Martin’s Park opens on South Boston Waterfront with accessible, inclusive children’s playground | Q&A with Chris Cook, Chief of Environment, Energy, and Open Space for the City of Boston
An acre of beautifully landscaped park designed by world-renowned landscape architect Michael Van Valkenburgh has opened on the South Boston Waterfront, beside the Children’s Museum. Martin’s Park—named in honor of Martin W. Richard, the youngest victim of the Boston Marathon Bombings—features an inclusive, green outdoor play space for children to enjoy, with views of downtown Boston.
“We don’t want this park to be a memorial,” Bill Richard, Martin’s father, told WBZ-TV. “We want it to be a park. We want it to be fun. We want it to be loud and boisterous. We just want kids and families to come and have a good time.”
Dotted throughout with trees, shrubs and other plantings, the new open space is a welcoming piece of green overlooking Fort Point Channel. With a cleverly designed layout incorporating something for everyone, visitors, workers, residents and children can all enjoy the space, which replaces Children’s Wharf Park. Among its many new offerings are a wooden pirate ship-shaped play structure, an amphitheater, a “stone scramble” with mossy boulders, wooden harbor walk seating, slides, a shade structure, a reflection garden, and log climber.
Martin’s Park officially opened to the public with a ceremony on June 15, 2019.
Chris Cook, Chief of Environment, Energy, and Open Space for the City of Boston sat down with The Trustees One Waterfront team, to talk about the visionary park.
Q: Can you talk a little bit about the inspiration behind Martin’s Park, and the site that was chosen for its construction?
The Richard family was interested in acknowledging the support they have received from the entire city. Working with Mayor Walsh, they settled on the idea of an inclusive playground and then decided to identify a location where the park would have a dramatic impact. One of their earliest emails on the subject actually suggested a possible location in the Seaport near the Children’s Museum. The parcel next to the museum was always intended to be a vibrant waterfront park by city and state planners. However, the location was a very complicated set of city, state and private properties, and momentum for the park had stalled for more than a decade. It was almost as if the space was waiting for this idea.
Q: Why does greenery take center stage in this design, with over 1,000 trees and shrubs, approximately 9,400 ground cover plantings, and more than 4,000 white daffodils, all in one acre?
I think that a hallmark strength of the design firm, MVVA, is the recognition of the additive role nature has to play. Also, the family wanted this space to have a park feel—that play equipment wouldn’t be isolated from trees and plants but rather opportunities for play are found among them. The result is transformative. Contemplative, restorative moments occur steps from a splash pad and swings. The habitat created is already filled with birdsongs, pollinators and children’s laughter. The diversity of experience in one acre is remarkable.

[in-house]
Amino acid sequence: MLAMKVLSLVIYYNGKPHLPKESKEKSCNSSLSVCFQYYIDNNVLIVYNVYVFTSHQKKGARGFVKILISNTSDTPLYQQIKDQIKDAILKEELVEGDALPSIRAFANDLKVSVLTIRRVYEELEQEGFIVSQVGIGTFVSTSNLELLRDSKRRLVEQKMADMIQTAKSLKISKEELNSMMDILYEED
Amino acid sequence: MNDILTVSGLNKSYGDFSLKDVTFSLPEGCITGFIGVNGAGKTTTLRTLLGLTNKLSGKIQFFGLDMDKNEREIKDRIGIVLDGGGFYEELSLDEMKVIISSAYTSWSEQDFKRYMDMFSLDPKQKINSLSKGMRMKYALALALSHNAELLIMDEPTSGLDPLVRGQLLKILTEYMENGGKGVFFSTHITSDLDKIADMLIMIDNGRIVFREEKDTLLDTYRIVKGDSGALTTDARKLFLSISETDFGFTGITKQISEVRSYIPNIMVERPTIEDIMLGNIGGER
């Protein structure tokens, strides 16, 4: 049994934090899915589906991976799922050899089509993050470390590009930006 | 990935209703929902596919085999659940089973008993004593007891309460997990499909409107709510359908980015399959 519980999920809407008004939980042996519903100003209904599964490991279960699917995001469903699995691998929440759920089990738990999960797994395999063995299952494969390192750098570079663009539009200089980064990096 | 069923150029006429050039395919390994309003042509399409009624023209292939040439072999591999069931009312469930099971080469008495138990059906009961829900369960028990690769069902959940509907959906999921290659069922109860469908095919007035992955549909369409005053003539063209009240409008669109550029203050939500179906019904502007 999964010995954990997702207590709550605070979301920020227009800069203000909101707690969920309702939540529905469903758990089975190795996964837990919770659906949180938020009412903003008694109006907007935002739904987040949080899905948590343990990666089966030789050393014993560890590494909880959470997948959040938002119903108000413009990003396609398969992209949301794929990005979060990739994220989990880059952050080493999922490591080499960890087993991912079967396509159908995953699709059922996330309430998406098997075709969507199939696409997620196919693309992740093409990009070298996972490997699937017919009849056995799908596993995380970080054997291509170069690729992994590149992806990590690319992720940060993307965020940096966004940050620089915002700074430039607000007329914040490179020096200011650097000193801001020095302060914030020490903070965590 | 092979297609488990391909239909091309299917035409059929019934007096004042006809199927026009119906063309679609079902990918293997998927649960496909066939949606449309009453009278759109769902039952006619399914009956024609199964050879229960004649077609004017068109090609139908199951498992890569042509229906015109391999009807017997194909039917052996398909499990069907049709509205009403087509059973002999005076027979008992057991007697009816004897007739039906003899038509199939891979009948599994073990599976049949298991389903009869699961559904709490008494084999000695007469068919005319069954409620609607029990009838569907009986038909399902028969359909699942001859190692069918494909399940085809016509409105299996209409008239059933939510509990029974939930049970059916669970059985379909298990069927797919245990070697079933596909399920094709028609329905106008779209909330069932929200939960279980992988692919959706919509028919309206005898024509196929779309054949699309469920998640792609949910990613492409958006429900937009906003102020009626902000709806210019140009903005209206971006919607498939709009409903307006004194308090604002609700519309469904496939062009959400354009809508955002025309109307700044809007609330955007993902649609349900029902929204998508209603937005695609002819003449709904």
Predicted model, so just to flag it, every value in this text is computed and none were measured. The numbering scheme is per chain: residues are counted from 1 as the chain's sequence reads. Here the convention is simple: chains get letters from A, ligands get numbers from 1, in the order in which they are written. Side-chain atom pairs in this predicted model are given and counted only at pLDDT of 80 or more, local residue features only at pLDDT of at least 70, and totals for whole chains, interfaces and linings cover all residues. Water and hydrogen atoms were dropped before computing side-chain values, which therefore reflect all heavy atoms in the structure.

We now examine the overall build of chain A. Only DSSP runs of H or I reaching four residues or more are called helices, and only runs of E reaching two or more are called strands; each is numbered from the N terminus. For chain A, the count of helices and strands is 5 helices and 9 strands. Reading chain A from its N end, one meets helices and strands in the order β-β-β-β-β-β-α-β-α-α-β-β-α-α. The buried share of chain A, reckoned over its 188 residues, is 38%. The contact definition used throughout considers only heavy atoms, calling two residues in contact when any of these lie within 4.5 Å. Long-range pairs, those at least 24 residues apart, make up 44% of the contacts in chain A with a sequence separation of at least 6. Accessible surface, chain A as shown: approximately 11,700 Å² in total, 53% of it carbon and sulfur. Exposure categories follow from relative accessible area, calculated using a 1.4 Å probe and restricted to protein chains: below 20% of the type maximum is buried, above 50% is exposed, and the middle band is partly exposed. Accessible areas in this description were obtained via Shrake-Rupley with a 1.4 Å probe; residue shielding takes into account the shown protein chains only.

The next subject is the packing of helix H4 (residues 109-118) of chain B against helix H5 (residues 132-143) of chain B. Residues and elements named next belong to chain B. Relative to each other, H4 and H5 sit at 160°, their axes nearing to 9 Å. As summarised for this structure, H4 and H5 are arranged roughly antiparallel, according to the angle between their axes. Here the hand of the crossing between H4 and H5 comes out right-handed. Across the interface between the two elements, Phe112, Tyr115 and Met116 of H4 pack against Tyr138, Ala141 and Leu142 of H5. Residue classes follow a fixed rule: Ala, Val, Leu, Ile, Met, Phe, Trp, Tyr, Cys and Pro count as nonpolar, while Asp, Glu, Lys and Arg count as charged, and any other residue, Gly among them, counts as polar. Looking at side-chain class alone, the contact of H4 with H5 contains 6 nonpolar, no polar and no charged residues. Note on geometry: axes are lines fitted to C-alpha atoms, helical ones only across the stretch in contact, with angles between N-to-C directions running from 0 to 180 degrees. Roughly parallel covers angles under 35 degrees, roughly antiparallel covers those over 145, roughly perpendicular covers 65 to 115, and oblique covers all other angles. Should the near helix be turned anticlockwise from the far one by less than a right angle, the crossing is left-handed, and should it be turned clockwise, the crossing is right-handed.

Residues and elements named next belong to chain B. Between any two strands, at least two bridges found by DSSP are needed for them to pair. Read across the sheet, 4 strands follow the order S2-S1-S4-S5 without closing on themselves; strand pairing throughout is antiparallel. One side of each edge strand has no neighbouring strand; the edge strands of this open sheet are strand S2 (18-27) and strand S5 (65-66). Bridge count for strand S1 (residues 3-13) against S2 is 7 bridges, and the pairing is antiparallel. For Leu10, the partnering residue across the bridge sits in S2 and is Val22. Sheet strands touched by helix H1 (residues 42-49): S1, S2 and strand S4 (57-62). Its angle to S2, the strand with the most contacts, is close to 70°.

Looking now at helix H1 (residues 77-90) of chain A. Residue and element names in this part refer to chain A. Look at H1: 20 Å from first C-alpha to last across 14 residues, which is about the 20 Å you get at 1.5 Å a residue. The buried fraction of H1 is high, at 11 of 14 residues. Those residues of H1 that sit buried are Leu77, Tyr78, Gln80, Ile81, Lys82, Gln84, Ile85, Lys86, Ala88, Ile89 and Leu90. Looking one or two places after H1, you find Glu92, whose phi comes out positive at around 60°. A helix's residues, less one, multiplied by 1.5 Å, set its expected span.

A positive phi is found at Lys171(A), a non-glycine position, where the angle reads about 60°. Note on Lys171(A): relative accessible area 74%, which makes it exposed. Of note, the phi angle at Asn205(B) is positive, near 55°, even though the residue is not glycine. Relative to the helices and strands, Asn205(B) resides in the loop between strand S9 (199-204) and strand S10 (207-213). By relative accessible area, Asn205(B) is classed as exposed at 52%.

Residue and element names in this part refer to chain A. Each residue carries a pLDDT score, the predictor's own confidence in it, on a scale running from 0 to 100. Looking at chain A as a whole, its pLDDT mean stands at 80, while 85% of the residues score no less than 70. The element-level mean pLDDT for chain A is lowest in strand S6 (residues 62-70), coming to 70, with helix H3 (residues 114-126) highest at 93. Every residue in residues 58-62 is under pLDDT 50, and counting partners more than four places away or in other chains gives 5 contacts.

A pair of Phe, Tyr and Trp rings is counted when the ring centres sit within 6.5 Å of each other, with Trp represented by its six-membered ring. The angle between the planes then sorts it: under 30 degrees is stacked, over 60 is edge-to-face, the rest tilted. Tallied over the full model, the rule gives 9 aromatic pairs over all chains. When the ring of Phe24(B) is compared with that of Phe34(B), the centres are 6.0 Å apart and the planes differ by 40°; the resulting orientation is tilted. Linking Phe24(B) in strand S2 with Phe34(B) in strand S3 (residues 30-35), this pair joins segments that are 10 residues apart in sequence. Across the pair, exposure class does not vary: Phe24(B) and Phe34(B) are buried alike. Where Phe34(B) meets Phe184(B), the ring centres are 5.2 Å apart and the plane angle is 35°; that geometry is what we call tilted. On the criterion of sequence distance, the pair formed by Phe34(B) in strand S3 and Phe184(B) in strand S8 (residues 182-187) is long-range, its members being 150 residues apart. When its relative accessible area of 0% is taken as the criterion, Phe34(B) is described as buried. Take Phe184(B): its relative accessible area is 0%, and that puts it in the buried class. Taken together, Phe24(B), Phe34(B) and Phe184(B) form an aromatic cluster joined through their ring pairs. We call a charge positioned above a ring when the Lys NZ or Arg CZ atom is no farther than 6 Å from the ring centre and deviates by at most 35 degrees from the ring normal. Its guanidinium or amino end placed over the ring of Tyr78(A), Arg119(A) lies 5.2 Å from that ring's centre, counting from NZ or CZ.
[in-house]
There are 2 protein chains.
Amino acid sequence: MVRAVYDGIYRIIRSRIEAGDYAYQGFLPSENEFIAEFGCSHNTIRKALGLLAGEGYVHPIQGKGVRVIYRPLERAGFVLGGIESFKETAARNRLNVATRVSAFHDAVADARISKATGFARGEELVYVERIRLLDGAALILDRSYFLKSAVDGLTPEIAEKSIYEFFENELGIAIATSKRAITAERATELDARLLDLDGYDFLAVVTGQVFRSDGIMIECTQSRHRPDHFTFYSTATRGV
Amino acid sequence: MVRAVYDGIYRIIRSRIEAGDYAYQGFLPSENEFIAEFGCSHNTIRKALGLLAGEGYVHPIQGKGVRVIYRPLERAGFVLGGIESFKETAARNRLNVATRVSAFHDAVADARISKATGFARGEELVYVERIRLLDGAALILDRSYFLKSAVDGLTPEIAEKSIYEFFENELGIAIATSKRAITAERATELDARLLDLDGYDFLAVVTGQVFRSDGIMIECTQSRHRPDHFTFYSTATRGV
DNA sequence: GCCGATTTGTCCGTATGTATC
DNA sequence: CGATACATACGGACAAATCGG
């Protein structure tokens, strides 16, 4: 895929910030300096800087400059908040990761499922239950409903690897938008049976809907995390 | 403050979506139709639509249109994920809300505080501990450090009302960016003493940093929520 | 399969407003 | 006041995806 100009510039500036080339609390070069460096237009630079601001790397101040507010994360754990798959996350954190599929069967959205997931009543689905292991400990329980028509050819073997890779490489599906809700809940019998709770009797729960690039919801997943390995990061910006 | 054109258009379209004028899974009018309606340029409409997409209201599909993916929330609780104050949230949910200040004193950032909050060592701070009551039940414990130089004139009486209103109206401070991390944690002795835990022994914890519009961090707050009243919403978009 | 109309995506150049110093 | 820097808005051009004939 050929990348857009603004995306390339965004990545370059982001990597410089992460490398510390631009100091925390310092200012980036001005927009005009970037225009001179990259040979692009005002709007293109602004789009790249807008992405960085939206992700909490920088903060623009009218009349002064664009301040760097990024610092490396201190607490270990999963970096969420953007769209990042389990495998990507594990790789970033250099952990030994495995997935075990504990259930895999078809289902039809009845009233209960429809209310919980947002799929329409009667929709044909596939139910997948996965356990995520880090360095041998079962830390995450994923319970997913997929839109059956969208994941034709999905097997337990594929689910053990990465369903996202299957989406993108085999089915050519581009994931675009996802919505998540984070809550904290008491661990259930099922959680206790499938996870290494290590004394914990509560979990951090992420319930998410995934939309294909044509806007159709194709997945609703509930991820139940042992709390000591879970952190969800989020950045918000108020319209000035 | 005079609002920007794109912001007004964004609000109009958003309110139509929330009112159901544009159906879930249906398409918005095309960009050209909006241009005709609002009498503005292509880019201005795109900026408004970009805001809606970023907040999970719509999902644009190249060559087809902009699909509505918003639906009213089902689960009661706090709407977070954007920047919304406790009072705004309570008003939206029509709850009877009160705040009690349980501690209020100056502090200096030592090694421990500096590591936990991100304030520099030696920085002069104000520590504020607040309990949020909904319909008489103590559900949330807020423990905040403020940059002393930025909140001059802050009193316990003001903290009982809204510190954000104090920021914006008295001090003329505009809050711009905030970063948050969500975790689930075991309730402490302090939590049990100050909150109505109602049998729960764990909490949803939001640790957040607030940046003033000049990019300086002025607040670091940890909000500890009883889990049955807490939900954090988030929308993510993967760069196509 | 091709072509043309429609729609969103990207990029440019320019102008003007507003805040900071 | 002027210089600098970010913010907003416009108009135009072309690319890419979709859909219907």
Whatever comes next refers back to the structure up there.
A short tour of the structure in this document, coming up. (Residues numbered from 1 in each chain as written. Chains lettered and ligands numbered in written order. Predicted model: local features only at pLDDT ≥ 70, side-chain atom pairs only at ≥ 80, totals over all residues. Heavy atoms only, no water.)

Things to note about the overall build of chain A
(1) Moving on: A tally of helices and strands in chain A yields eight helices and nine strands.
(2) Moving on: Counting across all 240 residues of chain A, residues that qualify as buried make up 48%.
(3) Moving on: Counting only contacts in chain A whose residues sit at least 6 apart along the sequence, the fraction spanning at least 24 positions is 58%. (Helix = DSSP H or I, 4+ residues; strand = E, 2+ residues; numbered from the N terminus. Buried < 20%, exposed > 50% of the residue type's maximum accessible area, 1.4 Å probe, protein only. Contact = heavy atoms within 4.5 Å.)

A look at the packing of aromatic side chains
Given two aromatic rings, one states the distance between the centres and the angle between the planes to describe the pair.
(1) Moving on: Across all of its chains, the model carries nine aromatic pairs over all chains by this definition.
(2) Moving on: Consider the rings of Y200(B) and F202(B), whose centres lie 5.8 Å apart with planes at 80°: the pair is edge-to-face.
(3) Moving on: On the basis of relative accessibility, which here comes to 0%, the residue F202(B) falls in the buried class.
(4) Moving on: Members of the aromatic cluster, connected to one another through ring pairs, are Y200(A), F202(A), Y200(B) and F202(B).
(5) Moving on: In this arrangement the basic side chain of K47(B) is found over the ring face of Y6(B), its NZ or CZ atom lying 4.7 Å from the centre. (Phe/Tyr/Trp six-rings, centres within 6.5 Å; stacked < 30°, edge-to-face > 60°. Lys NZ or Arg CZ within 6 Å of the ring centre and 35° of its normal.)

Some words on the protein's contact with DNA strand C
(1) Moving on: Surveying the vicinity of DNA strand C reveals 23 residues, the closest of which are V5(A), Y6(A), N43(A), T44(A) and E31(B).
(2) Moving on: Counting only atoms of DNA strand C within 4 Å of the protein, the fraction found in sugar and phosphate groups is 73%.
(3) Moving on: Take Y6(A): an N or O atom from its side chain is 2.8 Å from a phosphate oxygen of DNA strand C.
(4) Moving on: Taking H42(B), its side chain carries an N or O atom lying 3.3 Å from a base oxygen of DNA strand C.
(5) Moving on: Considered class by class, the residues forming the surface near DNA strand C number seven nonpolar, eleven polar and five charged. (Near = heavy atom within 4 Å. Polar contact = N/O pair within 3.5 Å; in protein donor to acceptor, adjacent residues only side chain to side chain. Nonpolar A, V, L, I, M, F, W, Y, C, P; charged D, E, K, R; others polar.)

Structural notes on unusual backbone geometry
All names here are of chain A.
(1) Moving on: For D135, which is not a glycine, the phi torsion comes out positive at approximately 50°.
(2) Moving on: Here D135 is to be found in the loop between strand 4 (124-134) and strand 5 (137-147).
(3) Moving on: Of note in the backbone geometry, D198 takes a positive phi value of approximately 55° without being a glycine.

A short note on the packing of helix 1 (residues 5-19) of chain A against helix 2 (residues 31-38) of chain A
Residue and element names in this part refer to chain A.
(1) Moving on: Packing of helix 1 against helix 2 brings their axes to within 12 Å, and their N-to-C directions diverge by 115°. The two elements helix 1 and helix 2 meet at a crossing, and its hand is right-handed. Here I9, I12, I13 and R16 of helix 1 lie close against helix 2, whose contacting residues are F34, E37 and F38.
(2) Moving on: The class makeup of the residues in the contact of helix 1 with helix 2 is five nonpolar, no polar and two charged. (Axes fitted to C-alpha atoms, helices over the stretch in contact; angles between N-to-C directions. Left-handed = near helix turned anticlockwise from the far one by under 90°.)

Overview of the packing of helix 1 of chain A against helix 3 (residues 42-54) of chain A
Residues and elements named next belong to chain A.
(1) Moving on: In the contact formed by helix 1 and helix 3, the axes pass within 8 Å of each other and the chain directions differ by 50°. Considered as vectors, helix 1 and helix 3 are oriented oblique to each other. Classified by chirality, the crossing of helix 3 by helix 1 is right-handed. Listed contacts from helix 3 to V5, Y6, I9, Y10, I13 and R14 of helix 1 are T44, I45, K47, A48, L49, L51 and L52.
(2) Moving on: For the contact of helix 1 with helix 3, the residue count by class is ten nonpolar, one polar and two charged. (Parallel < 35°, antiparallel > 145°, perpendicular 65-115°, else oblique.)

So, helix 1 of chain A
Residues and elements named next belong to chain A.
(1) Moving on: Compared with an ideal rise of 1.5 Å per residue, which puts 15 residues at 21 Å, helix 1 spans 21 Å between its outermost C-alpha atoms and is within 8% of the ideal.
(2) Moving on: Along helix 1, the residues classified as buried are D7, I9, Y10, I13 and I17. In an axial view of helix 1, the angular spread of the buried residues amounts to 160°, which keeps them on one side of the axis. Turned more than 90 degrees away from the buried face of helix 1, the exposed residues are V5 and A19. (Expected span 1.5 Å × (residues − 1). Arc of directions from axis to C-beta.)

Q: The park will clearly be a hit with children and their parents. Who else should care about open, green space in the city? What’s your favorite feature of this new park?
Boston is only the second city in the United States to have 100% of its residents within a ten minute walk to a park. However, we still need to add green space to our city. Two new parks are currently in development in Mattapan. The Boston Parks Department recently partnered with the Department of Neighborhood Development to expand Children’s Park in Roxbury. Our green space needs to grow because our city’s population is growing. The health benefits residents receive from living near a park are well-documented.
Parks are also playing an outsized role in how cities prepare and plan for climate change. Martin’s Park is one of the first projects of Mayor Walsh’s Resilient Boston Harbor plan—using green space to wall off and absorb sea level rise. My favorite feature of the park is the message it sends. That, in Boston, we are adapting for a future with a focus on inclusion and accessibility.
Q: How can people get involved, join the conversation, and be a part of the vision for Boston’s parks and open space going forward?
The Boston Parks Department runs an extensive community process as it renovates and creates parks—but even if you can’t attend meetings, send emails with your suggestions. Join or start a friends group for your local park. Use the 311 system to request new trees, make suggestions, report broken equipment and more. Stewardship relies on both big and small gestures and commitments of all sizes are meaningful. Public land doesn’t work without the public’s involvement.
The Trustees’ multi-year One Waterfront Initiative is focused on working with the City and public and private partners to protect waterfront open space and create a series of public parks for all. [Click here to explore our concepts, designed by Michael Van Valkenburgh]. We look forward to sharing updates, public events and progress.